Budget 2010

Elizabeth May

Watch Elizabeth May's video commentary

I can remember budget days in lock-ups when there was good news to be found.  Even in a bad budget, there would be a new environmental programme or two.In a good budget, like Mulroney’s in 1990 or Martin’s in 2005, you could get dizzy trying to keep track of all the great initiatives.

You can't say this for Prime Minister Harper.  His budgets will not lead to dizziness or exhilaration.  Other health effects may ensue. Depression and nausea come to mind.

For example, the 2010 budget removes all energy projects from the Canadian Environmental Assessment Agency and places environmental reviews in the hands of the National Energy Board and the Canadian Nuclear Safety Commission (if nuclear).

No doubt the government will say this changes nothing.  The heading for this is  “modernizing the regulatory system.”  The problem is that the CEAA was designed to enhance public participation.  CEAA has clear processes and access for interveners and the public.  The process is informal and accessible. In contrast, the National Energy Board is quasi-judicial.  Few interveners will appear without lawyers.  It has no history for public participation, nor does it have a strong understanding of the scope of environmental review.  The CNSC is also more formal, and has suffered the slap-down in the firing of Linda Keen.  How likely is it that this board can provide environmental assessment?  This change is a significant disadvantage to environmental and aboriginal groups.  Ironically, the stated reason (to save time) will not be met.  CEAA worked very efficiently.  It is more likely and the real purpose to have projects rubber stamped.

As for Green Energy, the very successful ecoEnergy Technology Initiative will not be continued.  It died in mid-2009 as it was over-subscribed in 2008.  There are accelerated capital cost allowance measures for renewable energy, but the only new programme was $100 million over four years for the “Next Generation Renewable Power Initiative.”  This is designed only for the forest sector, likely for biomass or cellulose ethanol

The budget also hikes payroll taxes.  By 2015, there will be an additional $29 billion collected from higher EI premiums.  This job killing tax could actually threaten Canada’s economic recovery.  And while workers see their pay cheque shrink and small business has to postpone new hires, corporate tax rates will continue to be cut.

The deficit is supposed to be cut back to nearly nothing by 2015.  These figures do tend to stretch credulity.  Flaherty gets to near balanced books in five years by relying on increasing revenues from a source the government wants to tax less.  Corporate tax revenues are set to go up by 40% over 5 years, even as the rate at which corporations are taxed will go down.  Other deficit fighting measures include the payroll tax hikes, and cuts to military spending increases ($2.5 billion), to CIDA’s future funding of $4.5, and from Stockwell Day’s cuts to government “administration” --  $6.8 billion.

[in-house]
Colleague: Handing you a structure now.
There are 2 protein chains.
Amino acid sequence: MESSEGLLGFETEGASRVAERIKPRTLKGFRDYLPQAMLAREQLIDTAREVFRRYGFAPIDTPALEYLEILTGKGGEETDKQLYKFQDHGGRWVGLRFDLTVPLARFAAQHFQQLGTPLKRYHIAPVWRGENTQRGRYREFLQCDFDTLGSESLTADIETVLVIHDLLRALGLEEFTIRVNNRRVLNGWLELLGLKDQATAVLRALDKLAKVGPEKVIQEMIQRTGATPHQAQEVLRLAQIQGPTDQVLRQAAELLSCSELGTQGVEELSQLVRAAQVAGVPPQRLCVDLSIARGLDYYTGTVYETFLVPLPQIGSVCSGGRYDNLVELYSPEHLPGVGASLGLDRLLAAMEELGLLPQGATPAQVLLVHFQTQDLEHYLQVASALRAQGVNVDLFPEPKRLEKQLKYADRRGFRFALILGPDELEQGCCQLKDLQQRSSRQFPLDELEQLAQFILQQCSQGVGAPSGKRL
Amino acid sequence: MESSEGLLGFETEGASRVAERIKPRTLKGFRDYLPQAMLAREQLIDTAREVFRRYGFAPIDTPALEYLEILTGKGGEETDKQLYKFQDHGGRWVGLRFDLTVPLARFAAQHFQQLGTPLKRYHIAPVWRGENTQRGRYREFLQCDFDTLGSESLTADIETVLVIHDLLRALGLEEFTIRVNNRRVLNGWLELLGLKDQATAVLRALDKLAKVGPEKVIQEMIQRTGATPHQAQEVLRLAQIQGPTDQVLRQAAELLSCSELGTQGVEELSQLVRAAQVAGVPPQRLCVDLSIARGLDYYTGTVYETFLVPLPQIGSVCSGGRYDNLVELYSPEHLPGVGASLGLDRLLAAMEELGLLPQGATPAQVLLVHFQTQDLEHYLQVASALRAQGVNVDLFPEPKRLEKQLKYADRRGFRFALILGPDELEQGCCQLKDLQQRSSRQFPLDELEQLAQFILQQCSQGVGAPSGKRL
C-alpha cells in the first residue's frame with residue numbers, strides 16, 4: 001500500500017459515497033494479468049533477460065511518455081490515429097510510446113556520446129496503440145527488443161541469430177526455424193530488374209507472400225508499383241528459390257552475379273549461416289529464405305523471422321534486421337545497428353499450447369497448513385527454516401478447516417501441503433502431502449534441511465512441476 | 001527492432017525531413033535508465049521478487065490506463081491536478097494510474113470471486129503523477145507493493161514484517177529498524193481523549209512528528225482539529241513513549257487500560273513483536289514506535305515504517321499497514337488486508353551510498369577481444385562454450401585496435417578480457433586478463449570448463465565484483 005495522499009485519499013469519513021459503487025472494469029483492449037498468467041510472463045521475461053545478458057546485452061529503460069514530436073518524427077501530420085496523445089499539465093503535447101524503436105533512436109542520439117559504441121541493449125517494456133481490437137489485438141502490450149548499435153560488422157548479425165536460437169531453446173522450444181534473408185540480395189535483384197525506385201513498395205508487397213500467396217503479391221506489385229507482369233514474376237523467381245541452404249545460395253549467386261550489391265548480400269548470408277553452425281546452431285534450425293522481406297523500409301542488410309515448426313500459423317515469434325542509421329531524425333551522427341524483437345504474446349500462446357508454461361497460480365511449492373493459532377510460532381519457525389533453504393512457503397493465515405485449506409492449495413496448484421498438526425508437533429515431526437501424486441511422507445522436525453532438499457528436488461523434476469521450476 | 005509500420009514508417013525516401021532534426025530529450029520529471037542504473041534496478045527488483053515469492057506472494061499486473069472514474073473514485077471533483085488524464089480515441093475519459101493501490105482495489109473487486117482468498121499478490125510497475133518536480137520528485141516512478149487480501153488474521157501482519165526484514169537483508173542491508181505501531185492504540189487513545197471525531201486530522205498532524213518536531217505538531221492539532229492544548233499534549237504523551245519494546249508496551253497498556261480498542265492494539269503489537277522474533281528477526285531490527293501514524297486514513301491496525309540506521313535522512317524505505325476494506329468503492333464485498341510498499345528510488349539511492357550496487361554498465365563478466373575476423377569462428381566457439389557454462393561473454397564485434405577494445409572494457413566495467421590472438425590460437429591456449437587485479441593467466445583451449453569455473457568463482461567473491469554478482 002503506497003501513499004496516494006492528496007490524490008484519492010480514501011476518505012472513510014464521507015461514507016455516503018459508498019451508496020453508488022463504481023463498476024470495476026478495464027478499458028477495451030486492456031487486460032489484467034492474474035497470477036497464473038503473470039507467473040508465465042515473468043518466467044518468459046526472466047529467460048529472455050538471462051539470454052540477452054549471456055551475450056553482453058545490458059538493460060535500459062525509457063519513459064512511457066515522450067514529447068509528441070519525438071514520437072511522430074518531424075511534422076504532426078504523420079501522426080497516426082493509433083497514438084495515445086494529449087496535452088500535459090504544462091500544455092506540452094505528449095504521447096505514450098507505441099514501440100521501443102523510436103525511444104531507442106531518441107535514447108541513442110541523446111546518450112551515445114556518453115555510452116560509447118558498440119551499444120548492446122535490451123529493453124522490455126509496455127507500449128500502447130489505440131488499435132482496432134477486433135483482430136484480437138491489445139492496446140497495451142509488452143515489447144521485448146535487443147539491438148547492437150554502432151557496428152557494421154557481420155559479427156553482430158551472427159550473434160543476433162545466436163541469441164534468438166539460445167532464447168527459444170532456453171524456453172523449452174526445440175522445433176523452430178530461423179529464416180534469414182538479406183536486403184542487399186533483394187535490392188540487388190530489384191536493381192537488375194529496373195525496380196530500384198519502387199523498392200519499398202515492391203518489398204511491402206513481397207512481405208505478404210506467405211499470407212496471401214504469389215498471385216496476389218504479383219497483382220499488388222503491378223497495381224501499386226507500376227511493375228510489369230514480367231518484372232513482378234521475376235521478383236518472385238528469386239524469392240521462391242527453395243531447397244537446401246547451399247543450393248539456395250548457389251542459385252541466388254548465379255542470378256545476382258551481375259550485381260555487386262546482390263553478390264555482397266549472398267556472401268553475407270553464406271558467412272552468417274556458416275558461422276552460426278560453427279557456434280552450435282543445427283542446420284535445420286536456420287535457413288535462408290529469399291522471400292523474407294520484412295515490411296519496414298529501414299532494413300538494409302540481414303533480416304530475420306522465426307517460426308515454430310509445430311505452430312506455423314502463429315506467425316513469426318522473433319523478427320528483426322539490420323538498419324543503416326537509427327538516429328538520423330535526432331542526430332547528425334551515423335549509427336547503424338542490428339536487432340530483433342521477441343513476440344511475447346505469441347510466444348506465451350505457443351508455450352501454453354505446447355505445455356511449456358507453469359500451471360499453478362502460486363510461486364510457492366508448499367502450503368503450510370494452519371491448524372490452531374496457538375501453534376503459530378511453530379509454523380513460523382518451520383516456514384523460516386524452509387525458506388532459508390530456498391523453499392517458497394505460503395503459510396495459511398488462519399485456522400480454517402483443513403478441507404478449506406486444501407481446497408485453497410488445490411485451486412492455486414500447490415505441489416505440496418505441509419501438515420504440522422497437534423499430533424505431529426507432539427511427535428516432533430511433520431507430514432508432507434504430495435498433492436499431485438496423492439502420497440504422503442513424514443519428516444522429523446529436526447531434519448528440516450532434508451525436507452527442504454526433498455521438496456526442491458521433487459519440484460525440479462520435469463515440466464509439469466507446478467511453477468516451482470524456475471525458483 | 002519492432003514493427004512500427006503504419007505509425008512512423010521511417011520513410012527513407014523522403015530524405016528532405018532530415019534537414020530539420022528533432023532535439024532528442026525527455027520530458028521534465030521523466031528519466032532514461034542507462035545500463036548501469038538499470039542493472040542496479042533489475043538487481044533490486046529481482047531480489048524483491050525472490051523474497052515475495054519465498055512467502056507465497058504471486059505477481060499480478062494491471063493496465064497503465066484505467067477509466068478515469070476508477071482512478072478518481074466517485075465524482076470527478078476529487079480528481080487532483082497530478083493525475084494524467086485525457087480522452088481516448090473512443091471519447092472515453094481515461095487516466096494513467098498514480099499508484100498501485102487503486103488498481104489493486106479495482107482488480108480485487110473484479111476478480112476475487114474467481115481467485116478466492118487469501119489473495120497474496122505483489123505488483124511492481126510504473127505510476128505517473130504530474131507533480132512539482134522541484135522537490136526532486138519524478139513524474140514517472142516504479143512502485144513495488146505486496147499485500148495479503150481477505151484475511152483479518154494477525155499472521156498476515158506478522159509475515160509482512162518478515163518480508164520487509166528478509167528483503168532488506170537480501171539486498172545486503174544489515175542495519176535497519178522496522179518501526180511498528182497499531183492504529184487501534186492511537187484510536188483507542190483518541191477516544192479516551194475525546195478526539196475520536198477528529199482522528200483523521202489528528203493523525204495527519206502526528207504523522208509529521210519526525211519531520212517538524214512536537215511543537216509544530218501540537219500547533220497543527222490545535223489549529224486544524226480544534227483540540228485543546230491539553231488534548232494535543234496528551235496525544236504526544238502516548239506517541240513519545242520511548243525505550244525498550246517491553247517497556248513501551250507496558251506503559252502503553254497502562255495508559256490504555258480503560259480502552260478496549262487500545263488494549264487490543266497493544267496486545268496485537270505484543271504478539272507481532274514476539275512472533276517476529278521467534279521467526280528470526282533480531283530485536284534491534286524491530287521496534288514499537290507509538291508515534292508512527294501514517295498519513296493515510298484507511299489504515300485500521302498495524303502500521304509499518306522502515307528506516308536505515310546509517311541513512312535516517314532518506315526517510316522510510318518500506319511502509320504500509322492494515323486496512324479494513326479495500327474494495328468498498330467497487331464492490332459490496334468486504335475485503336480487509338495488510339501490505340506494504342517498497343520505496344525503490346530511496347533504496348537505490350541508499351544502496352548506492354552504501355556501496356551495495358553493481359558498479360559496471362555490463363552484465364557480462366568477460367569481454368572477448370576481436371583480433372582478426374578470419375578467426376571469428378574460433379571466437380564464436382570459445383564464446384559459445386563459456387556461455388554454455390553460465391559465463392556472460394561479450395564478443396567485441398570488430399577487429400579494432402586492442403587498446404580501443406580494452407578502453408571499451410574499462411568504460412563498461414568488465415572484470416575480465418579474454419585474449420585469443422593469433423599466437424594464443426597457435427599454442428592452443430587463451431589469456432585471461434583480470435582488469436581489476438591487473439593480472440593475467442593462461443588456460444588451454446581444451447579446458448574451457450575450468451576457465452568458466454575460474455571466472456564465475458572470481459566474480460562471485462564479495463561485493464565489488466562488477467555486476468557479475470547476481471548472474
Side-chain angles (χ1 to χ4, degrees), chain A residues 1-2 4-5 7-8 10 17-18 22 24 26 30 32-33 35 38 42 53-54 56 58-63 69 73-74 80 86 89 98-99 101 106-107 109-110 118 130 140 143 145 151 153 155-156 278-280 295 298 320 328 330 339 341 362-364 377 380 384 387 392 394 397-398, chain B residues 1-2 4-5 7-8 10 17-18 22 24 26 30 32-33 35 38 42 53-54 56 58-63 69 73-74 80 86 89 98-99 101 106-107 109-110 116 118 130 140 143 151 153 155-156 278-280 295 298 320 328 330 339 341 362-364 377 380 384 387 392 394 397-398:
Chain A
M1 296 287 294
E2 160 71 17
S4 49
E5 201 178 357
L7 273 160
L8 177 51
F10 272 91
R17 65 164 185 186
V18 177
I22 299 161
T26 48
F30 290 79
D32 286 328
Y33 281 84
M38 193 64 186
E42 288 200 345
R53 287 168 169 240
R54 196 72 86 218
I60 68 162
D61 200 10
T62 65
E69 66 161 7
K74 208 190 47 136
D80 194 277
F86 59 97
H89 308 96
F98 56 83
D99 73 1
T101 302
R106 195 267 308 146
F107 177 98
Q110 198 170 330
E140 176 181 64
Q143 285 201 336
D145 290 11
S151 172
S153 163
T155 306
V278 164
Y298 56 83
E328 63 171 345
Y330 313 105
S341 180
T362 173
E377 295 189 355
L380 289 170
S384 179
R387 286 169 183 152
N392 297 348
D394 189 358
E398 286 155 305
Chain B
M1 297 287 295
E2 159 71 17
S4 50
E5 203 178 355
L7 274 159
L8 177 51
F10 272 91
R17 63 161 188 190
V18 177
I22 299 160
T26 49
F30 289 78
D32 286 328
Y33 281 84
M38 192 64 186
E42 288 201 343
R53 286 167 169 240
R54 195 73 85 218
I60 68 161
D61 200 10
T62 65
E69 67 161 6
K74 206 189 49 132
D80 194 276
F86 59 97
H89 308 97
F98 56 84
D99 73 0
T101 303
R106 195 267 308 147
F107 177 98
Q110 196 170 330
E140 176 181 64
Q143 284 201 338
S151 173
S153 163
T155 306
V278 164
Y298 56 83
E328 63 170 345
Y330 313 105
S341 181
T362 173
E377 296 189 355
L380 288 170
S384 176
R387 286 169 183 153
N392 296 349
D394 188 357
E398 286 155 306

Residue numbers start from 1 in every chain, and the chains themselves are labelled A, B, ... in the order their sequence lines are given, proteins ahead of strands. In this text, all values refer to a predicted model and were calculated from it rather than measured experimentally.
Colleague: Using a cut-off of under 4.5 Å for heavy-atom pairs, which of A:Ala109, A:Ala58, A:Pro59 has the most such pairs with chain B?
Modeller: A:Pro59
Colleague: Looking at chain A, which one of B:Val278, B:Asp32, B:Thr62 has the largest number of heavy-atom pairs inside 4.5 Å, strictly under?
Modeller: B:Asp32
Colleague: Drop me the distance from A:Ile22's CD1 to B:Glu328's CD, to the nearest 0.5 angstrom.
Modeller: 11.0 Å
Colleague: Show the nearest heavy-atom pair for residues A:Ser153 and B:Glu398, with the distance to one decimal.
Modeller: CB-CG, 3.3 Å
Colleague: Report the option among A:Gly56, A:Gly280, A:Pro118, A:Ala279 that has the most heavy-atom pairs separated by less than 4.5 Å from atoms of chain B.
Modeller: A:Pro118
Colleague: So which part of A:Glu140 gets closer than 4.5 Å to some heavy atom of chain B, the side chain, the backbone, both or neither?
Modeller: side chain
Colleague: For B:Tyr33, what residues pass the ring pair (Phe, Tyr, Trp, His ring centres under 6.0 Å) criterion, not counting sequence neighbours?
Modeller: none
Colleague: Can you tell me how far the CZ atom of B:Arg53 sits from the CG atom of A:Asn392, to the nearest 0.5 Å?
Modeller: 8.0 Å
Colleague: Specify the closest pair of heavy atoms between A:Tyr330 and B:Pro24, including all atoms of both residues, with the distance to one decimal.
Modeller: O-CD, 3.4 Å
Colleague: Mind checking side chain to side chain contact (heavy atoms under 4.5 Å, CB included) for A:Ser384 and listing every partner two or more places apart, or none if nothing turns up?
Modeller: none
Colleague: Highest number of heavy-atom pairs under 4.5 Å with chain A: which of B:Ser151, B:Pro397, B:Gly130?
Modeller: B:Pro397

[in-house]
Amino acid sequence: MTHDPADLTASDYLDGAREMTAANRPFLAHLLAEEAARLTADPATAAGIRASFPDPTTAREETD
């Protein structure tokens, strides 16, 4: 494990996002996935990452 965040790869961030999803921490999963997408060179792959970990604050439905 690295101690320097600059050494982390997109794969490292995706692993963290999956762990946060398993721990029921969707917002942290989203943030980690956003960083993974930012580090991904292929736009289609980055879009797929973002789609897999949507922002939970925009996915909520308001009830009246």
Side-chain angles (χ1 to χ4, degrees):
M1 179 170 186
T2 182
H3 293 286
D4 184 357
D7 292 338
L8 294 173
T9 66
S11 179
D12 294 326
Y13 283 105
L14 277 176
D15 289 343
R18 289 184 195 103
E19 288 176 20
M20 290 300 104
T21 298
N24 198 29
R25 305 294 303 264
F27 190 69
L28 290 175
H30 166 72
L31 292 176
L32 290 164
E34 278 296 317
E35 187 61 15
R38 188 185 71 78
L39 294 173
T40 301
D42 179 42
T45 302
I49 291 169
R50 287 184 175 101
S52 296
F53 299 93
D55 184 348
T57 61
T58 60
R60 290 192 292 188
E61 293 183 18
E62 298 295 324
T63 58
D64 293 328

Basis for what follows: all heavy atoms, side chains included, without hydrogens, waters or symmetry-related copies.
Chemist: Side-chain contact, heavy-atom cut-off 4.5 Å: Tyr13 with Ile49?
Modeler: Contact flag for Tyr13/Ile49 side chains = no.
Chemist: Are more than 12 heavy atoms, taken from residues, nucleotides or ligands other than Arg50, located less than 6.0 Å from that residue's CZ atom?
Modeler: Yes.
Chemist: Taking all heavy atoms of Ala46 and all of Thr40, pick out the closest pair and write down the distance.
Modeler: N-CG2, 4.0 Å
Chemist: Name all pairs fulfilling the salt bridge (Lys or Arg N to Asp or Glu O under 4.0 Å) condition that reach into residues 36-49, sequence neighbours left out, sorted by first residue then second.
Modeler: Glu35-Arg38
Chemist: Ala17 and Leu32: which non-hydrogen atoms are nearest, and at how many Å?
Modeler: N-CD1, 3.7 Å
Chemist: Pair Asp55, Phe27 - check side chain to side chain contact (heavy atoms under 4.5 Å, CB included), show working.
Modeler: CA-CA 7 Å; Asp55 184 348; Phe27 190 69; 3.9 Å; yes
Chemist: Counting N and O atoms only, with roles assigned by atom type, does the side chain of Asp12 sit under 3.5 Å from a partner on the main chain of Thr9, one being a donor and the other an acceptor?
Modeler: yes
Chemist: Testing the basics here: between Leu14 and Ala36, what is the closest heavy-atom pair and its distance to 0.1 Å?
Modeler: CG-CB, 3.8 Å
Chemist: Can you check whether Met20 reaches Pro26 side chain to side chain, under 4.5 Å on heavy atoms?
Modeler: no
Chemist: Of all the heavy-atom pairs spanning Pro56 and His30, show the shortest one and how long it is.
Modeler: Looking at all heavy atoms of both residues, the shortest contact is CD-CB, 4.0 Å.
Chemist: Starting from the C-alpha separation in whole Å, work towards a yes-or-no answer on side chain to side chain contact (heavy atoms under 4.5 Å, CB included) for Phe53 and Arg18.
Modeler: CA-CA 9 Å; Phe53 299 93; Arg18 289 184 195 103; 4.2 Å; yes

If you were looking for news on pension reform, there is nothing here.  A consultation will begin in March.   Interestingly, there was also nothing about change to political party financing.

There were a few good measures:  citizen oversight of the RCMP through a new board (few details),  $30 million over two years to implement an educational agreement with First Nations for K-12, $8 million/year for the Great Lakes (the proverbial drop in a very large toxic bucket) and reducing the tax impact for low-income single parent families of the child tax credit.   

Overall, this is a government with no concern for the climate crisis, no plan to avoid runaway global warming, even commenting favourably about the ice-free Arctic and the need to monitor shipping, and no real plan to create jobs.       

Give them credit for consistency.  In the Conservatives’ never ending attempt to eliminate the colour red from the primary colours palette, this budget blending blue and green arrows and leaves, manages to portray the Canadian flag in blue and white on the back cover.  First the national anthem, next the flag. They really don’t like our traditions very much.

Watch Elizabeth May's video commentary

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